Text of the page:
Accessibility Regulations Compliance Alternative formats

How to maintain accessibility and wellbeing practices when staff are stretched

With the expectation that staff absence and self-isolation will continue for the next few weeks, it can be challenging to sustain the momentum of accessibility projects and training. With staff stretched to capacity covering shortages and supporting their students, how can we ensure the work on accessibility and digital inclusion doesn’t get relegated to the bottom of the list?

Clear and inclusive messaging

There will be lots of information shared throughout your organisation. Guidance from management to staff, institution-wide updates to students and service information within departments. All communication should use clear plain language and there should be suitable alternative formats available. It is essential individuals have access to information in the format they need. So, ensure captions are on videos, hyperlink text is meaningful, images have alternative text and downloads are readable on mobile devices.

Go for incremental gains

If you must postpone meetings and deadlines for larger implementation projects, you can still uphold accessibility practices. Prompt staff that, with many people returning to remote working and accessing information from home, use of accessibility checkers will maintain a baseline of accessibility compliance. Recorded sessions are beneficial, for those who are unable to attend, as a reference. Making sure resources are available on relevant channels, with clear directions on how to access them and the expectation of their use, is also good practice.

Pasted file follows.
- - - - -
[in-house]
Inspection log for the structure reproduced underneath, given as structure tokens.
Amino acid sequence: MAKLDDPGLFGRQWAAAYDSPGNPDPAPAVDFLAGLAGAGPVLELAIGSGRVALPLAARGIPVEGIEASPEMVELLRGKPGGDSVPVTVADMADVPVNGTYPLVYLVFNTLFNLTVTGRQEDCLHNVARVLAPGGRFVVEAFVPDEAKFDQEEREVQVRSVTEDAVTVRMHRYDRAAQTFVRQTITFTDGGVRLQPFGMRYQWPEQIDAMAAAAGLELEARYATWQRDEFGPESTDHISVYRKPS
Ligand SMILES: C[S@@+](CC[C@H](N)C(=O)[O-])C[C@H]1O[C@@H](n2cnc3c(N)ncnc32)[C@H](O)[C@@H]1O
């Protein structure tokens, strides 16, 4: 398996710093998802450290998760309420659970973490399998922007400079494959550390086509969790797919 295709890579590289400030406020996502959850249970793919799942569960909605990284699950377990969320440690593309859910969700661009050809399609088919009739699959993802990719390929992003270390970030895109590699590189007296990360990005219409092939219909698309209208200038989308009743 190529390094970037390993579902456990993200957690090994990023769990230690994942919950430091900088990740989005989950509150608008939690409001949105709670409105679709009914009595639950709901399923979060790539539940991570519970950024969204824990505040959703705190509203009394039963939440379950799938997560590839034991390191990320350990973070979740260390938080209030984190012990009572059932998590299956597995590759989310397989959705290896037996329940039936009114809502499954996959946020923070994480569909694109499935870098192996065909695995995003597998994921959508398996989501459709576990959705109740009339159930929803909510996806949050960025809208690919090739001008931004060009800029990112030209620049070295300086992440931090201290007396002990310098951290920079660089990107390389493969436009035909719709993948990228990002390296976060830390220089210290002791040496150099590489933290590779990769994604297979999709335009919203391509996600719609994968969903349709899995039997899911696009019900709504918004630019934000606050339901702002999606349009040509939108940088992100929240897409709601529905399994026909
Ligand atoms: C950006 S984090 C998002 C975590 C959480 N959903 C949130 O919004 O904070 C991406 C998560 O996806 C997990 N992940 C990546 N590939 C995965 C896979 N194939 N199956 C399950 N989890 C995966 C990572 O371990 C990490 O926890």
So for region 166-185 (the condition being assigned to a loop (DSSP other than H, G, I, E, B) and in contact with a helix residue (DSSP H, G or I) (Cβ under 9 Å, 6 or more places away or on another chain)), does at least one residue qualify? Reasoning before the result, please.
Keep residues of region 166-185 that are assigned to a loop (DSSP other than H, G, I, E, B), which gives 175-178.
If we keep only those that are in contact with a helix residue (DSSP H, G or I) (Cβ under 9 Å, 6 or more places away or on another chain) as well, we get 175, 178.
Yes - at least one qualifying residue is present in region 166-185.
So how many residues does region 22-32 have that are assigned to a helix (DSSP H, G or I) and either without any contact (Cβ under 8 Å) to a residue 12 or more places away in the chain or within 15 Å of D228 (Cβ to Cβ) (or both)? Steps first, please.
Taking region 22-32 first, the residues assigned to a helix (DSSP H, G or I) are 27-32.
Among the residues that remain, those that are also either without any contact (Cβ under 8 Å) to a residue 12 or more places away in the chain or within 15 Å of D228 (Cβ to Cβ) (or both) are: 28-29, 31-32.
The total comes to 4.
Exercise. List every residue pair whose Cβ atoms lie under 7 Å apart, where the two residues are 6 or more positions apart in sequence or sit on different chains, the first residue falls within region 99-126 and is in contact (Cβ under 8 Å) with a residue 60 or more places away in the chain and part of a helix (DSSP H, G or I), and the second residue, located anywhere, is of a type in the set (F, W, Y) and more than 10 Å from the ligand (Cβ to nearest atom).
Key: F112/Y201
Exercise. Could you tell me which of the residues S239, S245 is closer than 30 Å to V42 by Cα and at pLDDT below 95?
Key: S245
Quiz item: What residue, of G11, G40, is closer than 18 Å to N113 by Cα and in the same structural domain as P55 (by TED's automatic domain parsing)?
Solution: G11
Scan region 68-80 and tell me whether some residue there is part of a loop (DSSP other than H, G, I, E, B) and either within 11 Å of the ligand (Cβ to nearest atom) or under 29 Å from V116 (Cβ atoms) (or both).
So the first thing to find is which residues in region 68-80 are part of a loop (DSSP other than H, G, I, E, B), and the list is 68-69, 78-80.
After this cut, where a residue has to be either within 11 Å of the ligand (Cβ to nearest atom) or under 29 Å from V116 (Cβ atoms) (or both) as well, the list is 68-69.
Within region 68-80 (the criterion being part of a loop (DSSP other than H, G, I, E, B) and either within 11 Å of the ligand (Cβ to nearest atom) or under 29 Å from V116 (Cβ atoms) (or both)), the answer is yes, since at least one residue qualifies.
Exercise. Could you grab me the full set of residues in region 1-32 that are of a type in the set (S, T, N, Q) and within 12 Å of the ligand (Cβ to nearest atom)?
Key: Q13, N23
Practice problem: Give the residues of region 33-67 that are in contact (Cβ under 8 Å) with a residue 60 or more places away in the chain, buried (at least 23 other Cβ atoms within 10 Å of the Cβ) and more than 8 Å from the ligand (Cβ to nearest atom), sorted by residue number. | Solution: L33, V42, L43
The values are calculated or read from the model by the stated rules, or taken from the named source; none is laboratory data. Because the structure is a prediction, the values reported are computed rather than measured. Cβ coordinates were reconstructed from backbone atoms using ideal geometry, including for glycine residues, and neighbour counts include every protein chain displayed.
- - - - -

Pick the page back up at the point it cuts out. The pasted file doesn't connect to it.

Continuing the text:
Check-in with your colleagues

The digital well-being of staff and students is also paramount. It plays a far greater part in our wellness than ever before. Encourage staff to take some time (especially when times are difficult) to check the impact of technologies on their mental, physical and emotional health.

It’s important to promote empathy. Everyone will be feeling the toll of the last two years and Omicron is a stark reminder it’s not over yet. As one person’s symptoms of coronavirus can differ from another’s, so will their experience of living and working through the pandemic. Take the time to remind your staff and students of the types of support you have available to them, and how to access it. Above all, empower them to use the support when they need it.

Further reading

Inclusive digital practice and digital wellbeing | Jisc

Practical steps to meeting accessibility regulations | Jisc

Related articles:

Experts round-up ideas for using technology to overcome challenge of rising COVID-19 absences | Jisc

Does GDPR prevent me sharing with other staff the fact that someone has tested positive? – Inspiring learning (

Keep your strategy on track during uncertainty   – Inspiring learning (

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